The Irish government recently confirmed the following VAT rate changes during its budget announcement for 2023.
An extension to the 9% VAT rate that applies to gas and electricity until 28 February 2023. This rate was due to revert to 13.5% on 1 November 2022.
From January 2023, the VAT rate that applies to newspapers and defibrillators will be reduced from 9% and 23% respectively, to 0%.
The Lithuanian government has confirmed that it will extend the VAT rate cut to 9% on hospitality, sporting, and cultural services to 31 December 2023.
The VAT rate on these services was reduced from 21% to help the Lithuanian hospitality sector recover from the impact of COVID-19 back in 2021.
The Luxembourg government has announced that it will reduce most VAT rates in the country by 1% from 1 January 2023.
This reduction is being introduced to fight high rates of inflation in the country, and means that the:
Standard VAT rate will drop from 17% to 16%
Reduced VAT rates will drop from 14% and 8% to 13% and 7%
The Portuguese tax authorities have confirmed that from 1 January 2023, non-resident businesses VAT registered in the country will be required to:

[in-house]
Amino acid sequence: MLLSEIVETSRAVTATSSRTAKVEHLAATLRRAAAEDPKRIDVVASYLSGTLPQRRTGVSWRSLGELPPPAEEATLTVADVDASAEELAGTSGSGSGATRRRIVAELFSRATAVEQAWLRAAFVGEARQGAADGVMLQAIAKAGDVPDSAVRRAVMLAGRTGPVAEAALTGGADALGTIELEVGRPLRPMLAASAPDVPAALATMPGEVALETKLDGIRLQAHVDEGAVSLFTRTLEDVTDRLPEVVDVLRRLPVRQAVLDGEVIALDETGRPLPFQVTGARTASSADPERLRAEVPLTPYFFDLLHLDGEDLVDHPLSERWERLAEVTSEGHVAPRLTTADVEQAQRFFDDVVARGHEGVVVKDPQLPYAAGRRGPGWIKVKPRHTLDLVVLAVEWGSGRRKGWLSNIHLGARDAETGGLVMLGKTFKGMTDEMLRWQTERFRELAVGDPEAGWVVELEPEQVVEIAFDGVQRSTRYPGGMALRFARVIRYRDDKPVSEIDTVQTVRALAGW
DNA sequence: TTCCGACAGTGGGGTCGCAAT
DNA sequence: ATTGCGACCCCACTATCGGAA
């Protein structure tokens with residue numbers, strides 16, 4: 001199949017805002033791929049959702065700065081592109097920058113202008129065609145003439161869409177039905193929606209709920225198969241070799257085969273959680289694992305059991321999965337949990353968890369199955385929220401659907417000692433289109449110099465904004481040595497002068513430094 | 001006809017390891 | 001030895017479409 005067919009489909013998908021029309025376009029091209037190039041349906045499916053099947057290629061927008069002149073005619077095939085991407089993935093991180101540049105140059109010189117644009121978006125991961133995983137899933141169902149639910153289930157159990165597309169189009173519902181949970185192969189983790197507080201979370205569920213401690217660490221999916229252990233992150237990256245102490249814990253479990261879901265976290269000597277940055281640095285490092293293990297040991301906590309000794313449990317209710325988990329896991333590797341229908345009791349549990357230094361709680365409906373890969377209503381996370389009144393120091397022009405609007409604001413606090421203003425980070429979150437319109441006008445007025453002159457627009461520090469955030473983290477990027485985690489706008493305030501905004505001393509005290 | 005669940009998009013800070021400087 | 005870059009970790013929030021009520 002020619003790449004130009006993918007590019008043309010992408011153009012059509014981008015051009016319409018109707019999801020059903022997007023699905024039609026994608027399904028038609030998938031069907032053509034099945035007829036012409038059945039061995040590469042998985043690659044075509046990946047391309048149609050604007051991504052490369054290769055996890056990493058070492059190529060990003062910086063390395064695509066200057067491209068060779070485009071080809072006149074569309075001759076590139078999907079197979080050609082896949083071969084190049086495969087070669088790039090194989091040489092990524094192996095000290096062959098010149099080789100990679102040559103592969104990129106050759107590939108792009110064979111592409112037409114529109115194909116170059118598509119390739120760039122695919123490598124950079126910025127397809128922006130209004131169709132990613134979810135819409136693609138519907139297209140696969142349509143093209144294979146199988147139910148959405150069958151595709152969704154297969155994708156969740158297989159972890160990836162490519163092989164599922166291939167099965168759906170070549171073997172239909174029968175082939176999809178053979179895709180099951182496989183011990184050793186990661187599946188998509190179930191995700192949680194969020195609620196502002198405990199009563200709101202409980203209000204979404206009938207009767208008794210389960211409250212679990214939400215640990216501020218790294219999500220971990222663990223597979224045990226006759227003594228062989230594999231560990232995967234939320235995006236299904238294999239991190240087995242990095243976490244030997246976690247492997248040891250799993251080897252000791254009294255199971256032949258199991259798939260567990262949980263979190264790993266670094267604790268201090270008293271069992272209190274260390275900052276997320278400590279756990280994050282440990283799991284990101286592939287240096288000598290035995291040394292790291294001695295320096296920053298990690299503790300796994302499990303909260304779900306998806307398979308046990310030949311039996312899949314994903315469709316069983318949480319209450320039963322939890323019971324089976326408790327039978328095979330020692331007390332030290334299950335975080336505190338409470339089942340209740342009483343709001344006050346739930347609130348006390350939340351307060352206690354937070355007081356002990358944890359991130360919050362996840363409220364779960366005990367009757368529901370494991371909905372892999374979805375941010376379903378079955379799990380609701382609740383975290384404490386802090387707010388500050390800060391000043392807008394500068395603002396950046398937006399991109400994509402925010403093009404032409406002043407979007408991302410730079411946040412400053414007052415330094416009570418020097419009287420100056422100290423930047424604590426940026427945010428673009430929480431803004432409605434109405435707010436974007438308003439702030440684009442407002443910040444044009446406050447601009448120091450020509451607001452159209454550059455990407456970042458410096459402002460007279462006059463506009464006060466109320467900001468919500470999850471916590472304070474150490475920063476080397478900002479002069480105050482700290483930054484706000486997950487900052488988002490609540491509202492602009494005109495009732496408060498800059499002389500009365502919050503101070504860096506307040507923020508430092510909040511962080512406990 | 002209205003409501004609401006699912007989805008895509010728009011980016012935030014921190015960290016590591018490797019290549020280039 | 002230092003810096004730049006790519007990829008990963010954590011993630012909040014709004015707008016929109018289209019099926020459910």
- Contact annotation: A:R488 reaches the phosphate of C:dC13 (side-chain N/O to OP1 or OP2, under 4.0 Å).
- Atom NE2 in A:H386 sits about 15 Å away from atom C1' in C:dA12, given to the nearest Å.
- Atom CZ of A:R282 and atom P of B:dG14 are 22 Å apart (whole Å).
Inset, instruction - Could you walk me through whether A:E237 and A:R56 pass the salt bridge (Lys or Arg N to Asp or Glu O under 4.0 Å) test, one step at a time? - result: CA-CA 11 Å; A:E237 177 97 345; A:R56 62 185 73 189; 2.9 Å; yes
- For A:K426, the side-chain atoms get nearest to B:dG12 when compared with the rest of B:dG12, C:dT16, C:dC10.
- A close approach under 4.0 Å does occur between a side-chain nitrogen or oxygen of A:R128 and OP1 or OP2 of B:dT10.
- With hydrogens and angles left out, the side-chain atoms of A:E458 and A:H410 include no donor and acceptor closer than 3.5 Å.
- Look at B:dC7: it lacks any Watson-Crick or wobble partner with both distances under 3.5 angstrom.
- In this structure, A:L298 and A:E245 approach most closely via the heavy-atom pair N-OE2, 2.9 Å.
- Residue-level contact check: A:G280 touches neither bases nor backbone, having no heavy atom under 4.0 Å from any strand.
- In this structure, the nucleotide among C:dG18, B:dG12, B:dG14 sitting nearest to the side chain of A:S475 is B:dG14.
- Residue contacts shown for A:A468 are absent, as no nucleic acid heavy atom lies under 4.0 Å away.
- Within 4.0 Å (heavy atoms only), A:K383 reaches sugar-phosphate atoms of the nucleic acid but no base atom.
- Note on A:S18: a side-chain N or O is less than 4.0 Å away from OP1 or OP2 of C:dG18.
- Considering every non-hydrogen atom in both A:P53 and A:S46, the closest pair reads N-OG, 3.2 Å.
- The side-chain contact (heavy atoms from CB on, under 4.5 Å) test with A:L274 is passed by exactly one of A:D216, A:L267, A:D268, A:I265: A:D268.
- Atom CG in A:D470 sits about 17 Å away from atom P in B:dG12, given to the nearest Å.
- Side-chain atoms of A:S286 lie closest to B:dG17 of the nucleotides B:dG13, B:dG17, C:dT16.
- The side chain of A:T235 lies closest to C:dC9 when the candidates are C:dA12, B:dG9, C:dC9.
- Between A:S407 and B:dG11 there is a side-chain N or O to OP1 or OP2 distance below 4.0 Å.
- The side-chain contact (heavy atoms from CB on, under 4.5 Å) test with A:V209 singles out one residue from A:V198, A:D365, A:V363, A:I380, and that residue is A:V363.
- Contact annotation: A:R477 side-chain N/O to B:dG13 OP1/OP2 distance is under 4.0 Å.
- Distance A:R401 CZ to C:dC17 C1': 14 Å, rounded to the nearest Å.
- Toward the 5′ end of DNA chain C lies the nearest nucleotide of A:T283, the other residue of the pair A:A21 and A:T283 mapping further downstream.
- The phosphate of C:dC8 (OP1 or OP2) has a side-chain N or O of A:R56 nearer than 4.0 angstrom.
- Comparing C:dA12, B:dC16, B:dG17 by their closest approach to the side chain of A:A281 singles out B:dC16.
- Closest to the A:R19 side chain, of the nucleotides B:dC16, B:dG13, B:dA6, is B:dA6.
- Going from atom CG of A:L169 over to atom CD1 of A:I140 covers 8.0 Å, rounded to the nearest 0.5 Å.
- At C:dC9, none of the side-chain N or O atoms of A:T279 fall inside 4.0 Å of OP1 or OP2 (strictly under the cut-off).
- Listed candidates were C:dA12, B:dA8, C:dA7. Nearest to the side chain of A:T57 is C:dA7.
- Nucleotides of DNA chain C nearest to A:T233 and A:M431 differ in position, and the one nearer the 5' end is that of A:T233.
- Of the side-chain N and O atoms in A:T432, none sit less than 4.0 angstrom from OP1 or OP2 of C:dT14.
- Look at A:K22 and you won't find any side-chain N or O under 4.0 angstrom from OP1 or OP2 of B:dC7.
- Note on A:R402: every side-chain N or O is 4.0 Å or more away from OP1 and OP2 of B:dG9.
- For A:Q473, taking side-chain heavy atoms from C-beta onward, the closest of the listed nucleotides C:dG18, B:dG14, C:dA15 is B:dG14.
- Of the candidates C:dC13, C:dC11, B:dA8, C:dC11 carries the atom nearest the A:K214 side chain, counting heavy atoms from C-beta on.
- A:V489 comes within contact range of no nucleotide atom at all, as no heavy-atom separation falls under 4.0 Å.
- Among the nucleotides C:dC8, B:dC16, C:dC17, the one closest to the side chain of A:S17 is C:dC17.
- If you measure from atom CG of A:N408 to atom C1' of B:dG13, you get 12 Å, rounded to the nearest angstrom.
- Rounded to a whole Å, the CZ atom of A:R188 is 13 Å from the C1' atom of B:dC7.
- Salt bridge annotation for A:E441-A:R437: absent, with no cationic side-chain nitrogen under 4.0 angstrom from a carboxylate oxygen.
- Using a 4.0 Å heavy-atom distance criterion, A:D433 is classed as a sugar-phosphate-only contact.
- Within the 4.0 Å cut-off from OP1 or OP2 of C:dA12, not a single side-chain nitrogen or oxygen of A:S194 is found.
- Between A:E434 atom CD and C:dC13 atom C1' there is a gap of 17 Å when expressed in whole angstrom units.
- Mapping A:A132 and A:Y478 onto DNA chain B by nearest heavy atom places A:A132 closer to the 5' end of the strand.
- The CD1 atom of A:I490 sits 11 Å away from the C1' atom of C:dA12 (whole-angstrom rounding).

Produce invoices via certified invoicing software that can allocate a unique ATCUD code – This is a unique eight-digit code that is allocated by the Portuguese tax authorities prior to them being issued.
Include a QR code on their paper or PDF invoices – This is a unique two-dimensional bar code.
Report invoices monthly via a SAF-T Billing file – This contains full details of the invoice and will either have to be submitted manually via an interface or a webservice, or automatically via the electronic invoicing software provider.
It’s hoped that the introduction of these requirements on non-resident companies will help to monitor VAT invoices and prevent fraud.
From 1 January 2024, the Swiss tax authorities will increase the VAT rates in the country as follows:
Standard rate – 7.7% to 8.1%
Reduced rate – 2.5% to 2.6%
Special VAT rate for accommodation – 3.7% to 3.8%
This is being implemented to try to raise funds to cover the pension deficit caused by the ‘baby boomer’ generation.
The above information was kindly provided by Fiscal Solutions (UK), www.fiscalsolutions.co.uk; contact: [email protected].